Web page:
Whoops: Better Living Through Accidents

by Curt Kovener

Serendipity is the name we give to a situation when you are looking for one thing but discover another. It would be akin to looking for a can of green beans in the basement and finding the hammer you thought you lost. There have been other serendipitous moments which have benefited and plagued mankind over the years. We seem to have labeled some of them ‘lab accidents’.
For instance, in the ninth century, a team of Chinese alchemists trying to synthesize an “elixir of immortality” from saltpeter, sulfur, realgar, and dried honey instead invented gunpowder.
•German scientist Hennig Brand stored 50 buckets of urine in his cellar for months in 1675, hoping that it would turn into gold. Instead, an obscure mix of alchemy and chemistry yielded a waxy, glowing goo that spontaneously burst into flame-the element now known as phosphorus.
And soldiers supplied the raw material in vast, sloshing quantities until the 1750s, when Swedish chemist Carl Scheele developed an industrial method of producing phosphorus. He discovered eight other elements, including chlorine, oxygen, and nitrogen, and compounds like ammonia, glycerin, and prussic acid. But, alas, Scheele was found dead in his lab at age 43, perhaps owing to his propensity for tasting his own toxic chemicals.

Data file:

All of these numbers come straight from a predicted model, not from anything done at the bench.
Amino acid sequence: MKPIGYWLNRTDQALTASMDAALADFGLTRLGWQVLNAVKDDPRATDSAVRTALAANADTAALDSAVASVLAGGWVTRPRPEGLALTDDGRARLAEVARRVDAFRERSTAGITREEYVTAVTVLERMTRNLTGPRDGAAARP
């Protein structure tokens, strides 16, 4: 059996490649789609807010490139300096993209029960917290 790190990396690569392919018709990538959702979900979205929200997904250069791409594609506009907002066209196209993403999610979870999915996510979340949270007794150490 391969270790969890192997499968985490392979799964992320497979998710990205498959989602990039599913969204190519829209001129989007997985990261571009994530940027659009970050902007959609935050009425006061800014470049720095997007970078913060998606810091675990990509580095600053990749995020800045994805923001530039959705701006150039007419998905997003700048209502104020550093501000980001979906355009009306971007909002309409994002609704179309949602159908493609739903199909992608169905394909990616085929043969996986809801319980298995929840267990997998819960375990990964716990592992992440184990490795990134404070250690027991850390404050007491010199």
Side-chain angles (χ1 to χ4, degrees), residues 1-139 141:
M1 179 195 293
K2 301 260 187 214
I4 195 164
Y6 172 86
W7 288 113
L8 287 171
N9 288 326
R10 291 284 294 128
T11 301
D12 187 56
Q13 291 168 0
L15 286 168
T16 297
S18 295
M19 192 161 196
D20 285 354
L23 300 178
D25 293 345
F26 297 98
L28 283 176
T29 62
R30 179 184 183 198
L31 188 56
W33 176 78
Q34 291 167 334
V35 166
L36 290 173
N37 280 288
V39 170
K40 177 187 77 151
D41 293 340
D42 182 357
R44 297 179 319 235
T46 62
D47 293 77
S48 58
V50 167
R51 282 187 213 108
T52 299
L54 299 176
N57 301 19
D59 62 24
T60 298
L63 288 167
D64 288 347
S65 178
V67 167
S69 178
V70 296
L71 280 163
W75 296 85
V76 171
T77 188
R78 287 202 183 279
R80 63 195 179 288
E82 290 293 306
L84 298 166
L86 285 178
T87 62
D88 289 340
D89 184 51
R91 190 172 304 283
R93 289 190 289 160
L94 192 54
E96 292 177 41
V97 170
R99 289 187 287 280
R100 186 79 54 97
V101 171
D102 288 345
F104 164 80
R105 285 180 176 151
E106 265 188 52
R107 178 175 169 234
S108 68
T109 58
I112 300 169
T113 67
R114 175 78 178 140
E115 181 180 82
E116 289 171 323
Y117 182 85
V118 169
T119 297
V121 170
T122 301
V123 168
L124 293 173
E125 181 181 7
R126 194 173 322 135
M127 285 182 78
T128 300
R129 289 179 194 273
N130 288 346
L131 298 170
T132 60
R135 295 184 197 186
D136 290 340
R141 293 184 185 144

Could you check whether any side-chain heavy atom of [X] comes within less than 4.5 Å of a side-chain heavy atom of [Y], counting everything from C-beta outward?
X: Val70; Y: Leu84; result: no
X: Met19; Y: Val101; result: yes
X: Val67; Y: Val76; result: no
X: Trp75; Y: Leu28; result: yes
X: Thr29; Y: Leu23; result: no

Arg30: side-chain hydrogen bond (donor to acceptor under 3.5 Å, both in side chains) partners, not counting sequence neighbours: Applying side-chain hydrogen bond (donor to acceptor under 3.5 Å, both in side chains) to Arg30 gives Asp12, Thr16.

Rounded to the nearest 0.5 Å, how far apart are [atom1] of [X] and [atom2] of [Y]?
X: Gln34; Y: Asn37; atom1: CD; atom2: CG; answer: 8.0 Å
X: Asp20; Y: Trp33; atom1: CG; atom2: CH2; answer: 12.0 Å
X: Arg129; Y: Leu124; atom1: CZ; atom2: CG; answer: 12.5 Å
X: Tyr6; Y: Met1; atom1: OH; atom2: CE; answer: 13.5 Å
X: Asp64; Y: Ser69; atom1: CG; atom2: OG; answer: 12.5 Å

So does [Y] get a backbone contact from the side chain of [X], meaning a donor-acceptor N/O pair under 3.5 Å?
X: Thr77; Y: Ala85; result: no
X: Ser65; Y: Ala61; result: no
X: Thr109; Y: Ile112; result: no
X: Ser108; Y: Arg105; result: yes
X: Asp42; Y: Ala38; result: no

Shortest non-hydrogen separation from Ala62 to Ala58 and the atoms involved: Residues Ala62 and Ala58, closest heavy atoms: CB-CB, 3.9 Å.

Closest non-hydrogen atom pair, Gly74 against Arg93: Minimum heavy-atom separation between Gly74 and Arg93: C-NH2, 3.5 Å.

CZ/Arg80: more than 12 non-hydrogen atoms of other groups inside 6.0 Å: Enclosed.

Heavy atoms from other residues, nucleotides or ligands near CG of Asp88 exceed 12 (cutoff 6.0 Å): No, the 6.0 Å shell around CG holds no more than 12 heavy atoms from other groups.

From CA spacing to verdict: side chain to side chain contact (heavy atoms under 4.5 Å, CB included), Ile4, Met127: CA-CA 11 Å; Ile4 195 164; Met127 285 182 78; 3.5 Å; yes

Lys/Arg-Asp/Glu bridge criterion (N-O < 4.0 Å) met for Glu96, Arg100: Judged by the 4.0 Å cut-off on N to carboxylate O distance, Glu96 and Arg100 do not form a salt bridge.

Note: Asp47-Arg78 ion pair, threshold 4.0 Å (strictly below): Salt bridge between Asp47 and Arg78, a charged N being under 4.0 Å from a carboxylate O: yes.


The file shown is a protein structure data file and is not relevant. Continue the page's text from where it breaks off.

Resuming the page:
• And you might be interested to know that Kevlar, superglue, cellophane, Post-it notes, photographs, and the phonograph: They all emerged from laboratory blunders.
• “The Flash”, created in 1940, was the first comic book hero to develop superpowers after a lab accident, attaining “super speed” after inhaling “hard water” vapors.
•Alexander Fleming, famous for his serendipitous discovery of penicillin, also chanced upon an antibiotic enzyme in nasal mucus when he sneezed onto a bacterial sample and noticed that his snot kept the microbes in check.
•In 1938 DuPont chemist Roy Plunkett opened a dud canister of tetrafluoroethylene gas and discovered an amazing, nearly friction-free white powder. He named it Teflon. But perhaps he should have chucked it out instead. In 2005 the Environmental Protection Agency identified a Teflon ingredient, perfluorooctanoic acid, as a “likely carcinogen.” It is now in the bloodstream of 95 percent of Americans.